Markel: Book Value Growth and Capital Allocation

Markel Corporation Annual Report 2014

MKL2Markel’s annual report for 2014 has been released and can be downloaded here.

Here is our annual report to you for the year 2014. If you are reading this, it’s probably because you already own Markel. This is your company. You own it and we work for you. In the course of this report we’ll attempt to answer two major questions that we think you would want to know as owners of the business, namely, “How are we doing, and, what’s next?” (Source: Annual Report, 2014)

Also, the letters to shareholders dating back to 1986 is also found at Merkel’s homepage (see link above).


We are a diverse financial holding company serving a variety of niche markets. Our principal business markets and underwrites specialty insurance products. We believe that our specialty product focus and niche market strategy enable us to develop expertise and specialized market knowledge. We seek to differentiate ourselves from competitors by our expertise, service, continuity and other value-based considerations. We also own interests in various industrial and service businesses that operate outside of the specialty insurance marketplace. Our financial goals are to earn consistent underwriting and operating profits and superior investment returns to build shareholder value. On May 1, 2013, we completed the acquisition of Alterra Capital Holdings Limited (Alterra), a Bermuda-headquartered global enterprise providing diversified specialty property and casualty insurance and reinsurance products to corporations, public entities and other property and casualty insurers. (Source: Annual Report, 2014)

Book Value per Share

Compounded annual growth rate in book value per share during the last twenty years has been 16% (see image below taken from the 2014 annual report).

I have also put together a simple diagram showing book value per share from 1996 to 2014. During this time period book value grew from $25.71 to $543.96.




Capital Allocation

In the shareholder letter Markel lays out a detailed description of its capital allocation policy (emphasis added).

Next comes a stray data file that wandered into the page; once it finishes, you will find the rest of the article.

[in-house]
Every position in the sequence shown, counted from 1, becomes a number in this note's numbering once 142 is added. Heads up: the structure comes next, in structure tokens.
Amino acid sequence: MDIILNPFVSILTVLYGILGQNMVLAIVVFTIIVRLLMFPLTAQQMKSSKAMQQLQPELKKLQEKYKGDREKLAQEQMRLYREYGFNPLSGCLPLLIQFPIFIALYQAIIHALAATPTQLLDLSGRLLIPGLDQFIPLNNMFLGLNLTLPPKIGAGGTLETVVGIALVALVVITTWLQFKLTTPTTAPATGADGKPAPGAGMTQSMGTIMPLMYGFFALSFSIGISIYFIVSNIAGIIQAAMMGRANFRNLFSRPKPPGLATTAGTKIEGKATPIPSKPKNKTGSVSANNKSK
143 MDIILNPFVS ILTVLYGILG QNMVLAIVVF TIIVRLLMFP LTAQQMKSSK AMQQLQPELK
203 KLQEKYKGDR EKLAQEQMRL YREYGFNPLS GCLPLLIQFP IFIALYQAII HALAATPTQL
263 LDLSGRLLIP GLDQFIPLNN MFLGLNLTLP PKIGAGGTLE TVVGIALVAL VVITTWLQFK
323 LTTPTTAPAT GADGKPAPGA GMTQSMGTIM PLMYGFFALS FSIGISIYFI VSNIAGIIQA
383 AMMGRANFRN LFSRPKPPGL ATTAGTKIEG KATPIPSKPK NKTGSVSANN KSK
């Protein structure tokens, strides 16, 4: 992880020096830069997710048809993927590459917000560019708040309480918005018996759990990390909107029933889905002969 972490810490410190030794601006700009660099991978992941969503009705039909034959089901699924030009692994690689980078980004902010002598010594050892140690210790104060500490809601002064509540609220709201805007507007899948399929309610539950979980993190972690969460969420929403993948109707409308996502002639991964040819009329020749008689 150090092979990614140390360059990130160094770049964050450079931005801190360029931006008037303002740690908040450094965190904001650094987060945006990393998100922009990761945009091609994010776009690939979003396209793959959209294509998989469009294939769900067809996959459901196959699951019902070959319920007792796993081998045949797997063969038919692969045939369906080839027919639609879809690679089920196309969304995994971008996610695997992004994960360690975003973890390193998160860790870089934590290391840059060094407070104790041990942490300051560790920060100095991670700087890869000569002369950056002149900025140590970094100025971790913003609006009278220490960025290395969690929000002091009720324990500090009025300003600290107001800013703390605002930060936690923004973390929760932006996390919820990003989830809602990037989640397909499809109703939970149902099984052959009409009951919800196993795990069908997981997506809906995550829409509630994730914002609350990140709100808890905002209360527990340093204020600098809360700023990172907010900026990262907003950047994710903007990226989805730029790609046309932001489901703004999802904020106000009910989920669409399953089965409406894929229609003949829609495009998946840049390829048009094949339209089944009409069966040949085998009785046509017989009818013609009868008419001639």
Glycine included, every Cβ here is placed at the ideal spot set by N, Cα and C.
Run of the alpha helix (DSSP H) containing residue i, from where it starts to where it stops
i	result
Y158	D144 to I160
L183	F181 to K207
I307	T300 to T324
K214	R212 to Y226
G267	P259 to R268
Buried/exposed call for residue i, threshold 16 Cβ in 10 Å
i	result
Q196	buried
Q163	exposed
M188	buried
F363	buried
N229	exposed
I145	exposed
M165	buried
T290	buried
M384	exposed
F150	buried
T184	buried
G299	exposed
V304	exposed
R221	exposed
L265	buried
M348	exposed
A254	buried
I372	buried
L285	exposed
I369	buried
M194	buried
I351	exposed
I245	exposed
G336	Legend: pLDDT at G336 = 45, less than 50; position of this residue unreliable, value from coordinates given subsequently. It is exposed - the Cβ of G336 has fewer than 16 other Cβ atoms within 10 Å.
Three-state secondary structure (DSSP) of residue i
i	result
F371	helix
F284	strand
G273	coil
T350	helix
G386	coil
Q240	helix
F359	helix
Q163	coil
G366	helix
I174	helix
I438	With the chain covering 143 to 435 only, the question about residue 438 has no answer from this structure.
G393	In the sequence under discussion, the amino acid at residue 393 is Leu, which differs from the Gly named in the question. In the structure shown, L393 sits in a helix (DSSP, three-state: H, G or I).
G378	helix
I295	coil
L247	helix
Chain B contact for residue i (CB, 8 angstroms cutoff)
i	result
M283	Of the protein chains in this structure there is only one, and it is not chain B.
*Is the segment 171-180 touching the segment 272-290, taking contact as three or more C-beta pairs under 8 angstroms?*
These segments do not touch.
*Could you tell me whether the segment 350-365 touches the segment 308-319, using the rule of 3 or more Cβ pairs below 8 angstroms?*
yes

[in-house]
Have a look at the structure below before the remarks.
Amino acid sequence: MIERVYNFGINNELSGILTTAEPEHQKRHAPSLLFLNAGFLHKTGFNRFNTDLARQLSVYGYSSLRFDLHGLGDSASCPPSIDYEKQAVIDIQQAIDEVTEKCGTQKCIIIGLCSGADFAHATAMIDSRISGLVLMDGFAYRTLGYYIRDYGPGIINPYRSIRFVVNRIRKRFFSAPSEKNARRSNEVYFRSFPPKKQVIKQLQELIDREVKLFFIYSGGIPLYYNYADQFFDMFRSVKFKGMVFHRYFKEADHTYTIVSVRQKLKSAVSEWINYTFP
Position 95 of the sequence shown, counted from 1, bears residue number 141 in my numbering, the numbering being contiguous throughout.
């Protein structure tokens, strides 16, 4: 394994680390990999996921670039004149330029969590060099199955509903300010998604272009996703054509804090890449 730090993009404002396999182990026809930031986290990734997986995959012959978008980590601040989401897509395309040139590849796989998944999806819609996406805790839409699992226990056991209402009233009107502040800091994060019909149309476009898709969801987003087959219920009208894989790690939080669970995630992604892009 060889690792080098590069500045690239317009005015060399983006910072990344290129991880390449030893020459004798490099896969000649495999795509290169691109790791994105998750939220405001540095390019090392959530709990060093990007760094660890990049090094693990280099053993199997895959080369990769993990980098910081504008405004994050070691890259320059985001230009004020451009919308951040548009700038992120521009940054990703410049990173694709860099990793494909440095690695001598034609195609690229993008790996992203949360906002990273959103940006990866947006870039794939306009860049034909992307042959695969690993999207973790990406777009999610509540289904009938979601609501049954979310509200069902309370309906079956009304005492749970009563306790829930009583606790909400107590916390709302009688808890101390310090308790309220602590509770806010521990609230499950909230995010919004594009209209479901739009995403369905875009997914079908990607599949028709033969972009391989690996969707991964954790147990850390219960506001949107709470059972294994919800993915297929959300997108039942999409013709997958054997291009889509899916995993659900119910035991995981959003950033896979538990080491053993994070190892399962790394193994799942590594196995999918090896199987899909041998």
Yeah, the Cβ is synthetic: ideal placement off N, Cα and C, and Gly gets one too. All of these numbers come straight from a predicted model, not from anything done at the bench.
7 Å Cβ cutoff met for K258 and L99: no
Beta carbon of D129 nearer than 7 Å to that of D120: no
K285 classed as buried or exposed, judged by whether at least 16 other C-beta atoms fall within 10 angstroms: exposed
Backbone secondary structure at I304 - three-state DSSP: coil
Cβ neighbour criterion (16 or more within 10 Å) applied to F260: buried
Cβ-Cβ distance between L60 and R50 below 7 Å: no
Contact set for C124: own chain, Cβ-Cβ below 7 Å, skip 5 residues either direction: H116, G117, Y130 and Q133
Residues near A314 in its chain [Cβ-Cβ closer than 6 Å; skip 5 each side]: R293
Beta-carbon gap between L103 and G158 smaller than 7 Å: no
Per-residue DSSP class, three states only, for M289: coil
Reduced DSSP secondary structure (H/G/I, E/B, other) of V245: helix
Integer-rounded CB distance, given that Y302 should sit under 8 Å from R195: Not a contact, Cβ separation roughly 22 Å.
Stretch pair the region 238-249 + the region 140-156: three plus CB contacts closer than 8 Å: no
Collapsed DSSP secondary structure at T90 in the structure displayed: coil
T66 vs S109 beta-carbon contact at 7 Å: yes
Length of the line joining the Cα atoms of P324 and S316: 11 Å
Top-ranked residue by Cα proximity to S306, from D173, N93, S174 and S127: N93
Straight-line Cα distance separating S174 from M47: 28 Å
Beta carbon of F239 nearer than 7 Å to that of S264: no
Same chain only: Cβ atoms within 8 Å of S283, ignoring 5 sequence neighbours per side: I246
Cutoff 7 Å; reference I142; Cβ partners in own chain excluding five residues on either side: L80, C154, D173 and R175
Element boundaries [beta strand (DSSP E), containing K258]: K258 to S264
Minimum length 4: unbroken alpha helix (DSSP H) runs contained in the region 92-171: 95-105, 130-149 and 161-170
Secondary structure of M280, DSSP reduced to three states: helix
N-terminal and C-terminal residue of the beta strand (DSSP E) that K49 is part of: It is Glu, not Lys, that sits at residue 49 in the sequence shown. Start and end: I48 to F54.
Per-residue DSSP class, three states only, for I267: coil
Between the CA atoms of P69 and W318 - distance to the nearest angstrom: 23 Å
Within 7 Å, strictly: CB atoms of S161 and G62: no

First, we look to support organic growth in our existing insurance and Markel Ventures operations. We have a team of proven, successful operators within the walls of Markel. Our first choice is to give them more resources when they have the opportunity to put money to work effectively.

Second, we can pursue acquisitions in the realm of insurance or non-insurance businesses (that should cover it). We have experience and a proven track record of being able to successfully acquire and operate businesses all around the world. In the short-term, we can do math and count money. We can, with reasonable precision, know what things cost and what returns we can earn when we own them. We’ve done that.

More importantly, in the longer term, we see that our values and our culture work all around the globe. Talented people want to be part of this company. With talented and honest people we can accomplish anything. As such, in the long run we expect the businesses we buy to grow far beyond our initial estimates of size and profitability and to eventually exceed our wildest expectations. We do more of what works, and we give more resources to the talented associates who make good things happen. We do less of what doesn’t work, and we reallocate those resources to others.

This works. It is what matters over time.

We ask for an unusual degree of trust and flexibility from our owners and we try our best to be explicit in communicating how we are proceeding with our plan to build one of the world’s great businesses. The good news is that you have decades of evidence demonstrating that we deserve this trust and will carry on in building the value of your company. We intend to keep going.

Thirdly, we acquire publicly traded equity and fixed income securities for the dual purposes of supporting our insurance operations and earning good returns on our capital. The great news to report is that our investments did what they are supposed to do. They supported the insurance operations AND they produced excellent returns on our capital.

As to our equity selection process we continue to use our durable four step process in seeking excellent long-term investments. We look for, one, profitable businesses with good returns on capital and modest leverage; two, management teams with equal measures of talent and integrity; three, businesses with reinvestment opportunities and/or capital discipline, at; four, reasonable valuations. You’ll find this language in every Markel annual report since 1999. We believed in this approach since the beginning. We just started explicitly stating it in the annual report that year. Expect this language to continue in future annual reports.